The Menace of Generative AI Inbreeding

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Artificial intelligence (AI) is undoubtedly one of the most talked about phenomena that have taken the science and technology world by storm.

AI is considered a computational construct and not a psychological construct like human intelligence broadly is, as it does not originate from the same underlying human cognitive or emotional processes.

In other words, artificial intelligence has evolved through computer science and engineering advancements, marked by human-initiated intervention, intellectual effort, and purposeful innovation.

AI is inferred from the results of simulated aspects of human thought and decision-making facilitated by data processing, machine learning techniques, and algorithmic principles.

In a recently published article titled “Defining intelligence: Bridging the gap between human and artificial perspectives” by Gilles E. Gignac and Eva T. Szodorai, human intelligence and artificial intelligence were compared and contrasted.

Human intelligence is defined as a human’s “maximal capacity to achieve a novel goal successfully using perceptual-cognitive [processes]” while artificial intelligence is defined abstractly as the maximal capacity of an artificial system to successfully achieve a novel goal through computational algorithms.

Undoubtedly, the applications of AI have become widespread and are gaining traction in all facets of life ranging from academia to various industries such as energy, finance, healthcare, retail, and manufacturing to mention but a few.

Being a general-purpose technology like electricity or computers, AI is also applied in many ways including image recognition, language translation, decision-making, e-commerce, credit scoring and various other domains.

Many more innovative and groundbreaking AI applications are expected in the future as AI technology continues to develop.

AI applications are simply software programs that employ AI techniques to perform specific tasks whether simple tasks, repetitive tasks, complex tasks, or cognitive tasks that require human-like intelligence.

Among the many different applications of AI are natural language processing (NLP), computer vision, machine learning (ML), robotics, business intelligence, disease diagnosis, treatment development, personalised care, personalised learning, crop yield improvement, cost reduction, environmental protection, as well as improved efficiency, increased productivity, and improved quality.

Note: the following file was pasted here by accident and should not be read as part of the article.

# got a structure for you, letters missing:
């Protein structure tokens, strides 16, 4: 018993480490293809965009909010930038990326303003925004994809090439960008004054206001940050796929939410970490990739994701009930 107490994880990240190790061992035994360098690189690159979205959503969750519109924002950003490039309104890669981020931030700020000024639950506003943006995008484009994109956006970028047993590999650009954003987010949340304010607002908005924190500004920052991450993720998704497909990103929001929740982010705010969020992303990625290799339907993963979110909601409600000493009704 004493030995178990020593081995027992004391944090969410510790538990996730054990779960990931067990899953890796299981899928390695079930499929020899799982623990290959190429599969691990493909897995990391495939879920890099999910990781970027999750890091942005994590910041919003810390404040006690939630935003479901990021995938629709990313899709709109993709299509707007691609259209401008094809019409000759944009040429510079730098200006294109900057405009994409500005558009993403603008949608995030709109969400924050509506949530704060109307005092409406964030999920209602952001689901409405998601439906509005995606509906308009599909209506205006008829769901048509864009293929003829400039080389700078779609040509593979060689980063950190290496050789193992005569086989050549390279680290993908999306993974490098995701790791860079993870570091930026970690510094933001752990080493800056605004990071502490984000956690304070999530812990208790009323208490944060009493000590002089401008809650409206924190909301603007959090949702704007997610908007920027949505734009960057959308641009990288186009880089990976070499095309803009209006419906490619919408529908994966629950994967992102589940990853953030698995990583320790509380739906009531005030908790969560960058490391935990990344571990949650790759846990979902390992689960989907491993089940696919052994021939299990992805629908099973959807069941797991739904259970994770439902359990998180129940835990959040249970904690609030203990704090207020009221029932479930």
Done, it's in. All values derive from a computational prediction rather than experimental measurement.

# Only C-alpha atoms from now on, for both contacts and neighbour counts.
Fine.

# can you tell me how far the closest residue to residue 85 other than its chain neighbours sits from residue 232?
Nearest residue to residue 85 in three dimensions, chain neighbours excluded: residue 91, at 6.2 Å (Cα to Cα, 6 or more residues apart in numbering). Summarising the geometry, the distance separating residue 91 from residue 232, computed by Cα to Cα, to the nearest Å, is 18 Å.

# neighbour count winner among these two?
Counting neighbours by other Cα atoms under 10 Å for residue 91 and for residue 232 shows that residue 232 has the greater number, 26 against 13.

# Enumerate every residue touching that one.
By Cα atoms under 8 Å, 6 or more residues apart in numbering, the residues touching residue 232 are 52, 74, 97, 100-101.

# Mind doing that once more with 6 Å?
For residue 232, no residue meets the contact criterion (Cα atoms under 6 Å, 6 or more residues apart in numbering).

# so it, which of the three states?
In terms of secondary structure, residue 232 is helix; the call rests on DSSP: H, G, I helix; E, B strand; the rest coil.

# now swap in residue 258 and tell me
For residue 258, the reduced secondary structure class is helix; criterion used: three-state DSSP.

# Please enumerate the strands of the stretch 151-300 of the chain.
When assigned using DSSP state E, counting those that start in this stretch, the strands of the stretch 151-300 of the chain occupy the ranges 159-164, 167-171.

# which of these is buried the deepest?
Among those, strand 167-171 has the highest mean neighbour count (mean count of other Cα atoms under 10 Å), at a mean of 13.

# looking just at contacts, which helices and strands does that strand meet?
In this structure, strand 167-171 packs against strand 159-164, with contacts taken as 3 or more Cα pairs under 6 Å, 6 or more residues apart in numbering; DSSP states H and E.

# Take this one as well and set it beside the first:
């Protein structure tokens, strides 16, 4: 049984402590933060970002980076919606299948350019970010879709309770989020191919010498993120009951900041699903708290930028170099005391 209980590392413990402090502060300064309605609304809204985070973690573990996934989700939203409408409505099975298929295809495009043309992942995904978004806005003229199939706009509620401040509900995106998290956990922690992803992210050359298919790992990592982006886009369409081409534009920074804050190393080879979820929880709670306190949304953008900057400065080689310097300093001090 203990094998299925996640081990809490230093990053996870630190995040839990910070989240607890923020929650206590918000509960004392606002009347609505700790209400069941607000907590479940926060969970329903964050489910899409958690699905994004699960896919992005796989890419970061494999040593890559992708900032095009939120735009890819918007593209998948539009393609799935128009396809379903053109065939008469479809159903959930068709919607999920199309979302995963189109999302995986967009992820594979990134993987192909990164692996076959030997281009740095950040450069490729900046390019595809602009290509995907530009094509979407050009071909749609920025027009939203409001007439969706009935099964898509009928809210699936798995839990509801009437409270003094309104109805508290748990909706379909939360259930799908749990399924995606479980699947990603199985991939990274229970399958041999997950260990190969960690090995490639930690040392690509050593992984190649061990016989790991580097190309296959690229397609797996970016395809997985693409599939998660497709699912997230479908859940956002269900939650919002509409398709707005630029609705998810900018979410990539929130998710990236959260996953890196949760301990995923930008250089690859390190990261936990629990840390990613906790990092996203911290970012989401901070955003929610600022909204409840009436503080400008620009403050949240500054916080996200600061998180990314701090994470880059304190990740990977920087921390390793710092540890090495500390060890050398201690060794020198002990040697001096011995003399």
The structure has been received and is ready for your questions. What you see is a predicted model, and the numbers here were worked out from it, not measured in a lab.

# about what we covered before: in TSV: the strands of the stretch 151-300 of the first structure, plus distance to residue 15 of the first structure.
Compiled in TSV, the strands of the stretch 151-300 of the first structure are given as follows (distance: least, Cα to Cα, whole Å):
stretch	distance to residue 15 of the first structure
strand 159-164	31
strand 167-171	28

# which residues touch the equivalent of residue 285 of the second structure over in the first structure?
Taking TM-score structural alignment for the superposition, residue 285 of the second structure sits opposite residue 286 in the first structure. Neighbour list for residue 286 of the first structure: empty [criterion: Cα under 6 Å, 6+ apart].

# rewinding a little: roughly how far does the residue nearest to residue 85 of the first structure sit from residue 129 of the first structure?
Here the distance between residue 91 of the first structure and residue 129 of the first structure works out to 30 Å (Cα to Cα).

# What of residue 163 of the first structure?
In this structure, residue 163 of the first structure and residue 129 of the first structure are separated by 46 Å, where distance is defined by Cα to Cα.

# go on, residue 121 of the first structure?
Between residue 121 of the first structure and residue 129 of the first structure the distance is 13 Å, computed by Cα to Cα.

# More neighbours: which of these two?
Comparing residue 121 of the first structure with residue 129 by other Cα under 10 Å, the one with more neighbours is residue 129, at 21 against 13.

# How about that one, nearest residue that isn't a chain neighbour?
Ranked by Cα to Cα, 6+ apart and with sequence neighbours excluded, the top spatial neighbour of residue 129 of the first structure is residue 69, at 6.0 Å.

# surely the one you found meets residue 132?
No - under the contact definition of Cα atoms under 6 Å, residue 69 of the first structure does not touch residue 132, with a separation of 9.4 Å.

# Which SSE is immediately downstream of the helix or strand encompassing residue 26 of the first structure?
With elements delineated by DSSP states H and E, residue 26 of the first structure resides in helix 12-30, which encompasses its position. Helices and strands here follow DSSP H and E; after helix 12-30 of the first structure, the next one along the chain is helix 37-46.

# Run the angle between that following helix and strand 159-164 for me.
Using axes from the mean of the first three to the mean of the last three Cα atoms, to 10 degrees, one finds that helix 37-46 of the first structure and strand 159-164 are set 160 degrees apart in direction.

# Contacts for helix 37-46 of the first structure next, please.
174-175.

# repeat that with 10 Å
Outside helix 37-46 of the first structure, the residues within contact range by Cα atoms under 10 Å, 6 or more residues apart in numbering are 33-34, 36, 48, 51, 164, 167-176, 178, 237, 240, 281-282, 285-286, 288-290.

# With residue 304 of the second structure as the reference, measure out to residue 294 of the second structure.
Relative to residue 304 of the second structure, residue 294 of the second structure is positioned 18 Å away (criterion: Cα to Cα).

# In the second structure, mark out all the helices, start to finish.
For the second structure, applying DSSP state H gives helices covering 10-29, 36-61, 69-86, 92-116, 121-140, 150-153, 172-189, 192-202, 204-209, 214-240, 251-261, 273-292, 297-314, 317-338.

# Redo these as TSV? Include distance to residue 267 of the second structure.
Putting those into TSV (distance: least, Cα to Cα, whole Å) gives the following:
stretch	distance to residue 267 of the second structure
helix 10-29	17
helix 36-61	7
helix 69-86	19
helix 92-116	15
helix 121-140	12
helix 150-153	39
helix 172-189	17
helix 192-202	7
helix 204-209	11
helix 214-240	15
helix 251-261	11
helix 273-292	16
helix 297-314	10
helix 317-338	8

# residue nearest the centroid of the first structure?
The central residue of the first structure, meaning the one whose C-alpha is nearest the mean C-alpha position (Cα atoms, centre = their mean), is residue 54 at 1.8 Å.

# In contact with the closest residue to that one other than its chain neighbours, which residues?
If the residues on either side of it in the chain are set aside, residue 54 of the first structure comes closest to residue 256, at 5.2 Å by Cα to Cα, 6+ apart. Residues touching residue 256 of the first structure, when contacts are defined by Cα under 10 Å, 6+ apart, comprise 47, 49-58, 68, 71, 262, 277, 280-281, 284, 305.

Despite all these invaluable applications of AI, “Inbreeding” has become a cancerous menace that is potentially threatening the long-term effectiveness of AI systems.

In genetics, inbreeding refers to the production of offspring from genetically similar members of a population thus leading to genomic corruption and the production of less diverse offspring with significant health problems and other deformities as a result of the amplification of the expression of recessive genes.

While the increase in inbreeding has become one of the main challenges for the conservation of genetic variability in livestock, similarly, in the world of generative AI, inbreeding not only threatens the long-term effectiveness of AI systems but also the diversity of human culture.

From an evolutionary perspective, the first-generation large language models and other generative AI systems were trained on a relatively clean “gene pool” of human artifacts, using huge quantities of textual, audio, and visual content to represent the essence of our cultural and collective sensibilities.

However, as the internet increasingly gets flooded with more AI-generated artifacts, there is a significant risk that new AI systems will be trained on datasets that include large quantities of AI-created content.

In other words, the content would no longer be a direct human culture, but emulated human culture with varying levels of distortion, thus, corrupting the “gene pool” through inbreeding.

This problem will accelerate and become more pronounced as the generative AI systems increase in use because newer AI systems will be trained only on copies of human culture with increasingly distorted artifacts, like photocopying a photocopy of a photocopied document.

This emerging “generative inbreeding,” would not only cause a potential degradation of generative AI systems, as inbreeding reduces their variability and ability to accurately represent human culture, language, and artifacts but would also lead to the distortion of human culture by inbred AI systems with increasingly “deformities” in the cultural gene pool that don’t represent our cultural and collective sensibilities.

Recent studies have, therefore, suggested that generative inbreeding could lead to “model collapse” due to “data poisoning” thereby breaking AI systems by causing them to produce worse and worse artifacts over time.

In other words, the progressive decrease in the quality of generative models is a time bomb and poses high-risk misinformation, disinformation, and unreproducible science

Therefore, it is very essential to design AI systems that are capable of distinguishing generative content from human content, though this is far more difficult than it seems.

The need to prioritize detection, explainability policies, and fact-checking has also been reiterated by the experts as the panacea to uphold ethical standards and foster a climate of trust.

Therefore, both technical and policy protections are no longer a luxury but a necessity to harness the full potential of AI as well as to achieve and sustain a world of real human cultures rather than a world where the culture is influenced more by generative AI systems.

Dr. Idris Adewale Ahmed

Deputy Dean (Postgraduate Studies), Faculty of Applied Science

Lincoln University College, Malaysia 


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